0:27 [m. 25]--Stanza 2 (B).  This strophe is set in the closely-related (dominant) key of B major.  The first two couplets are in nearly-exact canon (imitation), with the alto leading.  The arching lines move stepwise and are quite narrow.  Extra bars are added because of the canon.  The voices come together for the last two couplets.  There is a similar harmonic digression to that in the first strophe (to G-sharp), but this occurs earlier, right before the voices come together.  The accompaniment pattern continues from the preceding interlude, but it changes at the seventh line as the voices swell and briefly turn to minor.  The right hand moves to the downbeats and the left hand to low, sustained, partly syncopated octaves.  The last line is not repeated, but includes an upward-reaching climax before the cadence.
0:48 [m. 46]--An interlude that begins with the vocal cadence breaks the nearly constant piano pattern.  The left hand now plays repeated notes while the right moves to a new key, G major, with chords leading from upbeats to downbeats.
0:54 [m. 52]--Stanza 3 (C).  This verse begins quietly and is set in the more distant key of G major.  The soprano now leads, but the alto does not follow in exact imitation.  In fact, the motion of the alto voice is usually nearly opposite to that of the soprano (contrary motion).  This continues through five lines, and is continuous, without the intervening “extra” bars of stanza 2.  The whole strophe is far more chromatic than the first two and includes many half-steps.  The voices come together (the alto dropping two words, “durch Riegel”) at the sixth line in the familiar third harmony, swelling as they do.  The piano accompaniment retains the pattern of the preceding interlude.  The right hand plays repeated notes and chords while the left hand doubles the trailing alto voice.  This changes under the fifth line, where the left hand takes over the repeated notes and the right doubles the vocal harmony.
1:07 [m. 64]--The voices sing the climactic seventh line in octaves and long notes, briefly suggesting C major, before returning to third harmony and G major in the last line, whose first two words are repeated.   The right hand moves back to repeated chords, now full and rich, and the left hand then switches to the bass octaves moving against the vocal lines.   In a two-bar bridge, the repeated notes move back to the left hand.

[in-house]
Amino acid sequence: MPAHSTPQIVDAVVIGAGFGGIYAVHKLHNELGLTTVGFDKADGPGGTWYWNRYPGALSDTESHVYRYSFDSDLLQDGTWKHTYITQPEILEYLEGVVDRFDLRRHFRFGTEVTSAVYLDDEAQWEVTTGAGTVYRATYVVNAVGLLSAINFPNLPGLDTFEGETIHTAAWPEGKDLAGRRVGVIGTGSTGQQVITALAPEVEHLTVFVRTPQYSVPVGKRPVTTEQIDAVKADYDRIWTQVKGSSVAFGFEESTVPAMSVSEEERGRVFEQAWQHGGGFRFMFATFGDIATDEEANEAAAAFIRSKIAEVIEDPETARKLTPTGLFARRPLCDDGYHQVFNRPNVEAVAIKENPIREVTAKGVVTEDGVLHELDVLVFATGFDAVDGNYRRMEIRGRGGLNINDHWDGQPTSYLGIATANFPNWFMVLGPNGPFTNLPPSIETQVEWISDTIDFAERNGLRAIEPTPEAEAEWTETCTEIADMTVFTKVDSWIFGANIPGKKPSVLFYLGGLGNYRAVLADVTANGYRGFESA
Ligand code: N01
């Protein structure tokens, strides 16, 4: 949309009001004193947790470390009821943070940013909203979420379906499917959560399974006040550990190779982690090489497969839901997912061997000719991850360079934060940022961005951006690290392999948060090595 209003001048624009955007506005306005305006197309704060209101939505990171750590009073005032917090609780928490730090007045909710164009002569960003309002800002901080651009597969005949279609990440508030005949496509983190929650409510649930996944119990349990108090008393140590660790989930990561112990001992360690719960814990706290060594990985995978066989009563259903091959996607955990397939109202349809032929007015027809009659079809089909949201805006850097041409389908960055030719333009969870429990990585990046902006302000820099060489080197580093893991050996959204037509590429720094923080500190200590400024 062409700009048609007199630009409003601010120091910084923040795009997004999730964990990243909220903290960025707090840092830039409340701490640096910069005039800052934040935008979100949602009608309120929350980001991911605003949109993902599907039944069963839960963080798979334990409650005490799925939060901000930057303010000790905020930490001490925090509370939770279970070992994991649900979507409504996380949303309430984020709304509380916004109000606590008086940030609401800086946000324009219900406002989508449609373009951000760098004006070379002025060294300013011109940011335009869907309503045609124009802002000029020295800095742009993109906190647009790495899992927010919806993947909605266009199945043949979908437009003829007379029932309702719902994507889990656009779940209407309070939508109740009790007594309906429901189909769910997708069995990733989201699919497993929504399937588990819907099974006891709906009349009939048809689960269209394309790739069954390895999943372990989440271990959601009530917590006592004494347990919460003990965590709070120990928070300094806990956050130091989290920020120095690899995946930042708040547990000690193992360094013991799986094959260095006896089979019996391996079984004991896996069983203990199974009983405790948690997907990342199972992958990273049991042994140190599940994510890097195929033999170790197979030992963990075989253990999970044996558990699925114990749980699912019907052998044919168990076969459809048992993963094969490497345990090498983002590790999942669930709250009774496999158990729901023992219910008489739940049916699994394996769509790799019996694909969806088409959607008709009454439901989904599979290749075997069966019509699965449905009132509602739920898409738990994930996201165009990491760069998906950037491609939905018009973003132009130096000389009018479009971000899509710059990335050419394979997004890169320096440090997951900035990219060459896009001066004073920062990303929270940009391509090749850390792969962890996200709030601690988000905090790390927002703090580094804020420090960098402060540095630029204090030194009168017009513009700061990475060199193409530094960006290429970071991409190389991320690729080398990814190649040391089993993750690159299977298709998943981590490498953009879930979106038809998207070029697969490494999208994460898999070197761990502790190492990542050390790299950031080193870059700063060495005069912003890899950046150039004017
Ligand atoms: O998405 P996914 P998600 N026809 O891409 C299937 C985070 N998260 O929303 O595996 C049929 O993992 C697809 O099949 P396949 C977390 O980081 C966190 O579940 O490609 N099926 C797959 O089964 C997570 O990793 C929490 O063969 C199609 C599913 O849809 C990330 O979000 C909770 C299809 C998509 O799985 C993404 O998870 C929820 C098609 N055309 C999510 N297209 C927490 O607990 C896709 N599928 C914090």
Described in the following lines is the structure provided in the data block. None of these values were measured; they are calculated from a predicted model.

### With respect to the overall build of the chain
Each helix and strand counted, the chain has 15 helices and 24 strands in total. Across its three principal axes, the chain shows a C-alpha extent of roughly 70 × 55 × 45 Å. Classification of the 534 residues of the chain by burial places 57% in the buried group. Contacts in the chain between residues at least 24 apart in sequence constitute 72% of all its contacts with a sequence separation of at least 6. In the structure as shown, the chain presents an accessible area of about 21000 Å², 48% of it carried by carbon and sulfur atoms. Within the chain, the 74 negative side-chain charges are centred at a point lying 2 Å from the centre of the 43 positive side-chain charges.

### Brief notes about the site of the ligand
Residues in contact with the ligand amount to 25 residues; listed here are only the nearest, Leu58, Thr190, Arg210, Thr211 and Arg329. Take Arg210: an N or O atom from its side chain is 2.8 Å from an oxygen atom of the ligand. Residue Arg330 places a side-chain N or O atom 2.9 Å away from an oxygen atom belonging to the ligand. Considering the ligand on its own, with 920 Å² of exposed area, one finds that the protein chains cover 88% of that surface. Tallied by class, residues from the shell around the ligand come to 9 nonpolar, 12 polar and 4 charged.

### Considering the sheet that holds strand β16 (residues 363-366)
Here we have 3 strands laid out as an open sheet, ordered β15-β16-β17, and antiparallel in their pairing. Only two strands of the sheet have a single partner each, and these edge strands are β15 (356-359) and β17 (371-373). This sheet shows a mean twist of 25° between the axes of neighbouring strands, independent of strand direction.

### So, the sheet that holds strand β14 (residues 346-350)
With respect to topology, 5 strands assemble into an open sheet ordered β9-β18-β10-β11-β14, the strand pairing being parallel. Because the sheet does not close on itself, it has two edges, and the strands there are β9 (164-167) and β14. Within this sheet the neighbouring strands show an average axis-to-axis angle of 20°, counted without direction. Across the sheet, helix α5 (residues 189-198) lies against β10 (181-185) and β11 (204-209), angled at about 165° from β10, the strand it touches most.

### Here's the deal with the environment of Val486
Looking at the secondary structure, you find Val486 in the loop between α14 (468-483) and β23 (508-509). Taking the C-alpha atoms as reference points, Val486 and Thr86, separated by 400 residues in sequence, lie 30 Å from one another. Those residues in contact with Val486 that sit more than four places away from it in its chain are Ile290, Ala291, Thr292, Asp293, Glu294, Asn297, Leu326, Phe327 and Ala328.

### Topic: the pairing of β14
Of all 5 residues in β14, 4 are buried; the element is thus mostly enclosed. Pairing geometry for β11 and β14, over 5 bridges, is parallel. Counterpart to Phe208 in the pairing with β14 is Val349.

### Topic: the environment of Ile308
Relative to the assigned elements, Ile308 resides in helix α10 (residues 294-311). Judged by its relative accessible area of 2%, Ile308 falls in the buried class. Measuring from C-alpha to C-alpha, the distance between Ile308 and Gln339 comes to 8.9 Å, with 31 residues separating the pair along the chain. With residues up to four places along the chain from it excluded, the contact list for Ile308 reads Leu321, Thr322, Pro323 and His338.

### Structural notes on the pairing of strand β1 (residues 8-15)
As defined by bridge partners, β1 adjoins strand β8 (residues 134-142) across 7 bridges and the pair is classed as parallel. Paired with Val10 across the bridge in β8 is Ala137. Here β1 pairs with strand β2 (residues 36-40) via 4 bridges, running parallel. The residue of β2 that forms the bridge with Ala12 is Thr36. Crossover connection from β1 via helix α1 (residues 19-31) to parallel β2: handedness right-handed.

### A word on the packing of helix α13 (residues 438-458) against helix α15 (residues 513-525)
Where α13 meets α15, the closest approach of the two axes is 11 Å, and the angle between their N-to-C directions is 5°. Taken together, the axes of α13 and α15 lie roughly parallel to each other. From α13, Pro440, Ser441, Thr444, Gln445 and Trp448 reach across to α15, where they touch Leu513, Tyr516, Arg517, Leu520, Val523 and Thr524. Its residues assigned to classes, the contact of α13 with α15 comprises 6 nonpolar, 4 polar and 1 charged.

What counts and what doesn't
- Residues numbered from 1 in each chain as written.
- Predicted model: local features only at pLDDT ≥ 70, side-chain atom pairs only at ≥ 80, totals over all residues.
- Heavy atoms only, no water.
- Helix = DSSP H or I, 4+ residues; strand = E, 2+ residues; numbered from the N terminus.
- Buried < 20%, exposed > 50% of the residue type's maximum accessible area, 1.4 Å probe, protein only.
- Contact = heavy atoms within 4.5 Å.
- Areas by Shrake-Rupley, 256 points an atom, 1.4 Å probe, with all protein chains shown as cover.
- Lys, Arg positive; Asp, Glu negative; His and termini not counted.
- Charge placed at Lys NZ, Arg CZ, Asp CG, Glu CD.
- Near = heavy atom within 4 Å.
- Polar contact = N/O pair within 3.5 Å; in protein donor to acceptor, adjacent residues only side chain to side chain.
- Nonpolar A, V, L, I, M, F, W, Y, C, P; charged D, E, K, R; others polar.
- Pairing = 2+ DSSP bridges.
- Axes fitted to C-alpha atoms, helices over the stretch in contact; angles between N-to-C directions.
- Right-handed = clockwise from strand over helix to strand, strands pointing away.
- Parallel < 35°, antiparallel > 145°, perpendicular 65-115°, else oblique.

1:18 [m. 75]--Stanza 4 (B’).  It is very similar to second strophe (B), but begins in G major.  The imitation (canon) and the “extra” bars are present.  The original “off-beat” accompaniment pattern returns.  When the voices come together at the third couplet, they wrench the harmony upward to the key of B major, a motion completed at the climax of the fourth and last couplet.  Ironically, as the music reaches the key of the first B, the actual material begins to diverge from it, particularly in the accompaniment, where repeated chords (similar to the pattern in C) are now heard in the right hand. 
1:38 [m. 95]--This interlude is similar to that between B and C at 0:48 [m. 46], but now moves (finally) back home to E major.
1:43 [m. 100]--The text and music of stanza 1 (A), are repeated exactly to round off the song.
2:05 [m. 120]--The first interlude is expanded into an exuberant postlude.  The repeated patterns of the added tenor voice reveal its relationship to the canonic melody of stanzas 2 and 4.
2:18--END OF DUET [128 mm.]


2. Weg der Liebe II (The Path of Love II).  Text by Johann Gottfried Herder, adapted from an English folk poem.  Poco adagio molto espressivo.  Simple strophic form.  C MAJOR, 6/8 time.

German Text:
Den gordischen Knoten,
Den Liebe sich band,
Kann brechen, kann lösen
Ihn sterbliche Hand?
Was müht ihr, was sinnet
Ihr listigen Zweck?
Durch was ihr beginnet,
Find’t Liebe den Weg.

Und wär’ er verriegelt,
Und wär’ er verkannt,
Sein Name versiegelt
Und nimmer genannt,
Mitleidige Winde,
Ihr schlüpftet zu mir
Und brächtet mir Zeitung
Und brächtet ihn mir.

Wärst fern über Bergen,
Wärst fern überm Meer:
Ich wandert’ durch Berge,
Ich schwämme durchs Meer;
Wärst, Liebchen, ein’ Schwalbe
Und schlüpftest am Bach,
Ich, Liebchen, wär’ Schwalbe
Und schlüpfte dir nach.

English Translation (literal translation of Herder's German)
Original English Text

0:00 [m. 1]--Stanza (strophe) 1.  One measure of pulsating low bass C’s prepares the vocal entrance.  These bass C’s continue under the first phrase.  The voices move together, mostly in thirds and sixths.  The right hand of the piano plays full chords moving in the opposite direction from the voices.  The chords connect to the second phrase, where the piano line doubles the voices, but a new bass line is added, the harmony moves briefly toward F major and minor, and the pulsing notes move away from C.  The mood is expressive, subdued, and somewhat hypnotic.